Be cautiously optimistic! On 4/19/17, CNBC announced that there has been a recent increase in smaller investors getting in to the stock market while the big institutional investors are reducing their holding in the equity market. For the past 30 years, this is another sign that the market is ‘topping off’. Small investors come at the end of a stock market rally and they are the last to leave; so the next time around, after getting previously ‘burned’ always miss the beginning of a market rally. By the way, I want to say a word about CNBC. In the 1980s first TV channel that created a 24/7 channel was called Financial News Network (FNN) which was very popular among finance professionals. Usually from 4am to 4pm Pacific Time, they only cover the financial markets with the ticker tape running on the screen.
In 1991 under pressure due to scandals, FNN went off the air for the last time at 6 pm on May 21, 1991. CNBC immediately took over FNN's satellite transponder space, more than doubling its audience at one stroke. It branded its business day programming as "CNBC/FNN Daytime" until 1992. CNBC incorporated features of FNN's ticker into its ticker. While most of FNN's employees were fired, a few FNN anchors and reporters including Bill Griffeth, Ron Insana, Allan Chernoff and Joe Kernen were retained. Sue Herera, who joined FNN at age 21 and very soon became an anchor, moved to NBC and the brand-new CNBC prior to the demise of FNN. Griffeth and Herera were later reunited at CNBC and co-anchored Power Lunch until 2011. CNBC adopted the "look", news style and stock ticker of FNN, so in a sense FNN's legacy continues in CNBC.(History of CNBC,CNBC,6/7/16).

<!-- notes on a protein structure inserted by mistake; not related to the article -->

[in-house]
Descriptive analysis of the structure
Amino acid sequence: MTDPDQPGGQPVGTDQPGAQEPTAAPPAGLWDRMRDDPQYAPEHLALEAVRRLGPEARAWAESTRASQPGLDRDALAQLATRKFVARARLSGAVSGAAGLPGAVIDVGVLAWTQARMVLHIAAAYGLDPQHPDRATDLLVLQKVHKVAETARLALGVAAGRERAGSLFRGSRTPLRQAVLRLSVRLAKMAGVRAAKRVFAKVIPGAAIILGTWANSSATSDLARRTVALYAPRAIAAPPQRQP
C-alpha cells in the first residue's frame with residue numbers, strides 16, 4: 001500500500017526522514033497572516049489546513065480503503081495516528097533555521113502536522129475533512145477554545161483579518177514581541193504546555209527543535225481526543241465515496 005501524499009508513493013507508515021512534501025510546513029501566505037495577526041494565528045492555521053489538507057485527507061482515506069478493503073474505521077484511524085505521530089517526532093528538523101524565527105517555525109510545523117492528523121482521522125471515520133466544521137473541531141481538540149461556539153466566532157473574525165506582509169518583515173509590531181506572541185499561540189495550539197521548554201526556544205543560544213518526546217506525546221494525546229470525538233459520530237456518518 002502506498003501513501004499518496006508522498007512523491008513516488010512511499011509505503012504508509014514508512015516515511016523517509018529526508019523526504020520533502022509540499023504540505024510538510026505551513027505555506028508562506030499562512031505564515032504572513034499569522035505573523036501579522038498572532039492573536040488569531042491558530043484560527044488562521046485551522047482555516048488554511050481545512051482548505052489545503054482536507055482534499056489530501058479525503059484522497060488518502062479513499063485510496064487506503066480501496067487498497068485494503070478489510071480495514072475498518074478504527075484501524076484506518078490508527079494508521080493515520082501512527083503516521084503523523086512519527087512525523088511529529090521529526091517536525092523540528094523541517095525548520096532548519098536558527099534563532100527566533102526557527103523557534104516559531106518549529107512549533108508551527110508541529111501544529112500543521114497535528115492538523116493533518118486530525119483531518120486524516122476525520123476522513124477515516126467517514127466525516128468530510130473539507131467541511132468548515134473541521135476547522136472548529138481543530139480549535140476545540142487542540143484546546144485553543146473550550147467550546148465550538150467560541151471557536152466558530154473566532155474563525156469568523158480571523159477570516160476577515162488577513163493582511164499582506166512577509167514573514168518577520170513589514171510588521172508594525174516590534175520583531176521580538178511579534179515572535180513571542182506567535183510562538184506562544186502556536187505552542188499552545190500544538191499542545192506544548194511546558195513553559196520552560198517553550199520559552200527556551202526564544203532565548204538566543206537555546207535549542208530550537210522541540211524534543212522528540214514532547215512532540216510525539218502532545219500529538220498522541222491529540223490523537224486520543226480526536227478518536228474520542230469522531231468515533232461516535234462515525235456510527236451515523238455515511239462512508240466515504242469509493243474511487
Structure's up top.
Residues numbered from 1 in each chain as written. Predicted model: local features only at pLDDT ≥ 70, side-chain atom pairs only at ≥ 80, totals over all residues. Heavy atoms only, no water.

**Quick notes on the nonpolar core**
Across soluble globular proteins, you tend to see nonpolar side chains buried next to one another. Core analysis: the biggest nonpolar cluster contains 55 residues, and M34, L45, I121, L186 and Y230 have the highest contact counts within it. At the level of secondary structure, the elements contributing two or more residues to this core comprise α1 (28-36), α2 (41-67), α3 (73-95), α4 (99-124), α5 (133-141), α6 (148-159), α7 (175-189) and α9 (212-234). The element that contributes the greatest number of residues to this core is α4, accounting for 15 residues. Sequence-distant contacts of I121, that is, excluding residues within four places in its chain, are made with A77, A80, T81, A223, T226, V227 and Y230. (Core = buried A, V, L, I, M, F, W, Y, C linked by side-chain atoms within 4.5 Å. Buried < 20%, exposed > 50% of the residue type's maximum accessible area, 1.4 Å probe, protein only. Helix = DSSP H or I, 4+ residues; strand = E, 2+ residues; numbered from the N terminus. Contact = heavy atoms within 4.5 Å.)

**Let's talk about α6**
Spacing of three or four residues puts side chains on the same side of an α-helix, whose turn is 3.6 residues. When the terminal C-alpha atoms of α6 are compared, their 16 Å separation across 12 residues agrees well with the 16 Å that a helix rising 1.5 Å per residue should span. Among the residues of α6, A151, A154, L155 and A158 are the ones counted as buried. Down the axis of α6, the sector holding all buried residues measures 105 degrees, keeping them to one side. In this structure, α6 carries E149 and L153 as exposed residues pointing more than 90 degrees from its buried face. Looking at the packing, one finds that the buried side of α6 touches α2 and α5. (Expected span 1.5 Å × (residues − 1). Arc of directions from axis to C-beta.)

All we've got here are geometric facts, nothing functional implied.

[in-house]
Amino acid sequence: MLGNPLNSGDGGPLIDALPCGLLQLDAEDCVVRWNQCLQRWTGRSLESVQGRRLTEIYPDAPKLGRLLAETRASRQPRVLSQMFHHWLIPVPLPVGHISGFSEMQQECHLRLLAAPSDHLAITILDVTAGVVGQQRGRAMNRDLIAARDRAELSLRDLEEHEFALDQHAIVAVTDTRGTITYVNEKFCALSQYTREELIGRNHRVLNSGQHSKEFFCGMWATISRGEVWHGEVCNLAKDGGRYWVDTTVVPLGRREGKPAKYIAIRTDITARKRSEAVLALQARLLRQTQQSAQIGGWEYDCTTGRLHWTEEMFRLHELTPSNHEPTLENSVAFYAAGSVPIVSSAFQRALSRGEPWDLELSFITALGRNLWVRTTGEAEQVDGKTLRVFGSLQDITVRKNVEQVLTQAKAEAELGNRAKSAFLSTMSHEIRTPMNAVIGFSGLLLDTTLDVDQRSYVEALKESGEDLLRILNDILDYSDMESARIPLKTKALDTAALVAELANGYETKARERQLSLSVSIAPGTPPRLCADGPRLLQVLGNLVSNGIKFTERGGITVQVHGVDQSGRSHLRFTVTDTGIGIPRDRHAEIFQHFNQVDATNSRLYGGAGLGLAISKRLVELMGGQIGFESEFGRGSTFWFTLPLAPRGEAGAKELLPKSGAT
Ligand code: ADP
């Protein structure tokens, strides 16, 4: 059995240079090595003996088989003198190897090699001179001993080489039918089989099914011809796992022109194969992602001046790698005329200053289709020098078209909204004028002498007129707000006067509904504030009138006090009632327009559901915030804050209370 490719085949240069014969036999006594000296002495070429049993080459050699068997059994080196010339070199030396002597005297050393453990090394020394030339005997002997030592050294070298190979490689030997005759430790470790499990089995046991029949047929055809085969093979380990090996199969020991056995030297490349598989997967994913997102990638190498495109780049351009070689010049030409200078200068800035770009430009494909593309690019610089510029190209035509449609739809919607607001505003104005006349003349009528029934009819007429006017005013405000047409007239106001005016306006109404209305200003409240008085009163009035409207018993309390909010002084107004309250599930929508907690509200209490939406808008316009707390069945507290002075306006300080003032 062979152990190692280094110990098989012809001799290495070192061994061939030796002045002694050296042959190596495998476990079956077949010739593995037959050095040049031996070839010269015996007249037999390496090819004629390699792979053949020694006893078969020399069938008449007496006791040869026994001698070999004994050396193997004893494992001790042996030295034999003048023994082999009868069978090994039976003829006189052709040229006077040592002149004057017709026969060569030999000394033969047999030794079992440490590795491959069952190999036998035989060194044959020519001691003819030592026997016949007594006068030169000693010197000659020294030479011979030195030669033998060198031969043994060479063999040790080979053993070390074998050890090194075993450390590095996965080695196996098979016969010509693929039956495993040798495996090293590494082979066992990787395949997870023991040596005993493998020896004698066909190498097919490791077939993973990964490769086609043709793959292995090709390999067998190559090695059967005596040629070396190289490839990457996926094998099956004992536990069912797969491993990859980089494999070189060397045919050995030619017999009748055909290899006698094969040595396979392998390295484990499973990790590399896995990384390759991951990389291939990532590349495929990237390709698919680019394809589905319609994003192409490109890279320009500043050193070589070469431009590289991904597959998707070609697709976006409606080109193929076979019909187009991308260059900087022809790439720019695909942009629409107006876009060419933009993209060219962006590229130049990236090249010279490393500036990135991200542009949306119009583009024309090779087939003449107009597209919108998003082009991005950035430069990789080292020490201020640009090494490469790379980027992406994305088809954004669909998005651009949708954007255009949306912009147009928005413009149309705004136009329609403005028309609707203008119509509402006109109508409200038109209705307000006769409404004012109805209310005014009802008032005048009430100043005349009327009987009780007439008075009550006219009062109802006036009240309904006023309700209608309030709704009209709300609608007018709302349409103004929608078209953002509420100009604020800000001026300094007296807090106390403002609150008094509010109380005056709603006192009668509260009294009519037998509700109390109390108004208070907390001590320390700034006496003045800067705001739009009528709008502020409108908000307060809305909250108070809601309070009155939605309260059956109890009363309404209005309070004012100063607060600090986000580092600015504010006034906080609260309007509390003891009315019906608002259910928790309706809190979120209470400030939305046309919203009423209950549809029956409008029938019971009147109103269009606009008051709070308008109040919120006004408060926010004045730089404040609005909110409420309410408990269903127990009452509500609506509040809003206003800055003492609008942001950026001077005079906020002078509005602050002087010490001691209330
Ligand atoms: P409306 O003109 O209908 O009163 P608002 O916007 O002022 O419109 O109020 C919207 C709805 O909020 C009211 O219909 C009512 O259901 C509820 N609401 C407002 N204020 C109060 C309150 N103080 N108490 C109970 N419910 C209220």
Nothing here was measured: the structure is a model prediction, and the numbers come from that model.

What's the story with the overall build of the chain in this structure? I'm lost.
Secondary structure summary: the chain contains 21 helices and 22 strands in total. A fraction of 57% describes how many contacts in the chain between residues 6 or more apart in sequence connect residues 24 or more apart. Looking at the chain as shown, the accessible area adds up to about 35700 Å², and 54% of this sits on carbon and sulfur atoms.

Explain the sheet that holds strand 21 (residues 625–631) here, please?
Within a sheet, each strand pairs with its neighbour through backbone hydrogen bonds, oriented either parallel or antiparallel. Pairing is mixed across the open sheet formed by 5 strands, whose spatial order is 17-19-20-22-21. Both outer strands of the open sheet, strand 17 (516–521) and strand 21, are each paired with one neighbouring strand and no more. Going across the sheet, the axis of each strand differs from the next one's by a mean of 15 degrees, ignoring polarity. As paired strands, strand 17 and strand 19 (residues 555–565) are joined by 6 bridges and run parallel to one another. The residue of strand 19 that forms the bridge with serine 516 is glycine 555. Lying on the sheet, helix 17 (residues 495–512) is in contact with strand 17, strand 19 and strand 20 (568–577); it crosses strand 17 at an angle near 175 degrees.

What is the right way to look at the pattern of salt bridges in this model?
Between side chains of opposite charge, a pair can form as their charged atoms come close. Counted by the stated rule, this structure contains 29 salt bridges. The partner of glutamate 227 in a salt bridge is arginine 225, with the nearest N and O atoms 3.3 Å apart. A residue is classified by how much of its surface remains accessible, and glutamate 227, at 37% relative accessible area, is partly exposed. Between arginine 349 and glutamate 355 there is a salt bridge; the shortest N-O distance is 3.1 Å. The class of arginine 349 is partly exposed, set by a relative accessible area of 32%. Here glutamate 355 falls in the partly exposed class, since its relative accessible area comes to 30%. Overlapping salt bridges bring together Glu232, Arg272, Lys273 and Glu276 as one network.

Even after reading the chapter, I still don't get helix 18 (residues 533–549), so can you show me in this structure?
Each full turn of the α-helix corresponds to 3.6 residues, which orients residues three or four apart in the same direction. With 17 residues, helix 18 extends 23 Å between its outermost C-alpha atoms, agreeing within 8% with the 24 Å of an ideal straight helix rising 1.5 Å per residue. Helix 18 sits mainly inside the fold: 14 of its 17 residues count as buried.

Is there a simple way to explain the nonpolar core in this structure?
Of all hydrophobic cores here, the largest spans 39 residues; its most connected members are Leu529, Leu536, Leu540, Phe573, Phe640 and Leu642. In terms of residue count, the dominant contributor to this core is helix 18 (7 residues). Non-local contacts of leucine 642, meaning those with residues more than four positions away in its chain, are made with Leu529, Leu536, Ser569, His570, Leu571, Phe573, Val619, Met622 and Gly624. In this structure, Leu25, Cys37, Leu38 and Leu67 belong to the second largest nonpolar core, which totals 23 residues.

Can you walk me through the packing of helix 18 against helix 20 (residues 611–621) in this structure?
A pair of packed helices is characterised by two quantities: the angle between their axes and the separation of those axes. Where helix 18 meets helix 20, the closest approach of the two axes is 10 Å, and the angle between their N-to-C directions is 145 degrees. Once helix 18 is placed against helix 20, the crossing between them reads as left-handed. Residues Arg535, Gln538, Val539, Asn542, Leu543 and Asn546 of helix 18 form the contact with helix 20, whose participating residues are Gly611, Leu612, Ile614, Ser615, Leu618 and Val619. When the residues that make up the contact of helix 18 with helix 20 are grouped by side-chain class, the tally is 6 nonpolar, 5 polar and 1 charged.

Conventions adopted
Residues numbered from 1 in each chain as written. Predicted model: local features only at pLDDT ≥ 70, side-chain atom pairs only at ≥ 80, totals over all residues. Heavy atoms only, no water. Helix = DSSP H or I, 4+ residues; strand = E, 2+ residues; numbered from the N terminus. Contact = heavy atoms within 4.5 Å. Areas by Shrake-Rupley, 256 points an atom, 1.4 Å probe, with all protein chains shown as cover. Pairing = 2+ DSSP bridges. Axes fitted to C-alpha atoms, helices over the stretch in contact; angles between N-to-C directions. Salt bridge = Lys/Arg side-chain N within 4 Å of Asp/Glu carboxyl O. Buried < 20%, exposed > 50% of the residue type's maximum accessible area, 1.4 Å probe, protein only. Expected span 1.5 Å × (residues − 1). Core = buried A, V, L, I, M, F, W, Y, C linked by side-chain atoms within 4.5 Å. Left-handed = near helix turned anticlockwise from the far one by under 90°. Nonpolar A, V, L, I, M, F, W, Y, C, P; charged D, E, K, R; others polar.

Prior to December 2016, the market index was moving within a given range (17,900 and 18.500) for more than 18 months; and at that time, on several occasions, I wrote in my newsletters that when the market stays within a given range for 18 months, it is always followed by a big move to the upside. The market rally that started on 11/4/16 at 17,888 reached 21,115 on 5/1/17. Market runs on mass psychology. Prior to October 1987 I was following a market technician named Robert Prechter (who began his academic studies in psychology). He used a very mathematical theory called the Elliot Wave Theory. Elliot was an accountant by trade. According to that Theory there are 5 waves in a bull market (3 waves going up and 2 going down). In a bear market, there are 3 waves, 2 going down and one going up. Elliot discovered that the ‘golden ratio’ (1.618) applies to the study of universe as well as the study of financial markets. In 1987, Prechter predicted a new high in August 1987 and then a severe correction in September/October. In September, 1987, a friend of mine told me that his daughter just became a stock broker in NYC and I told her to get a different job as a ‘crash is coming’. Thereafter he used to tell his friends that I predicted the crash of 1987. However Prechter was wrong about the aftermath as he thought the bear market would last for decades and he did not see how Fed Chairman Greenspanbrought up the markets by pumping the money supply.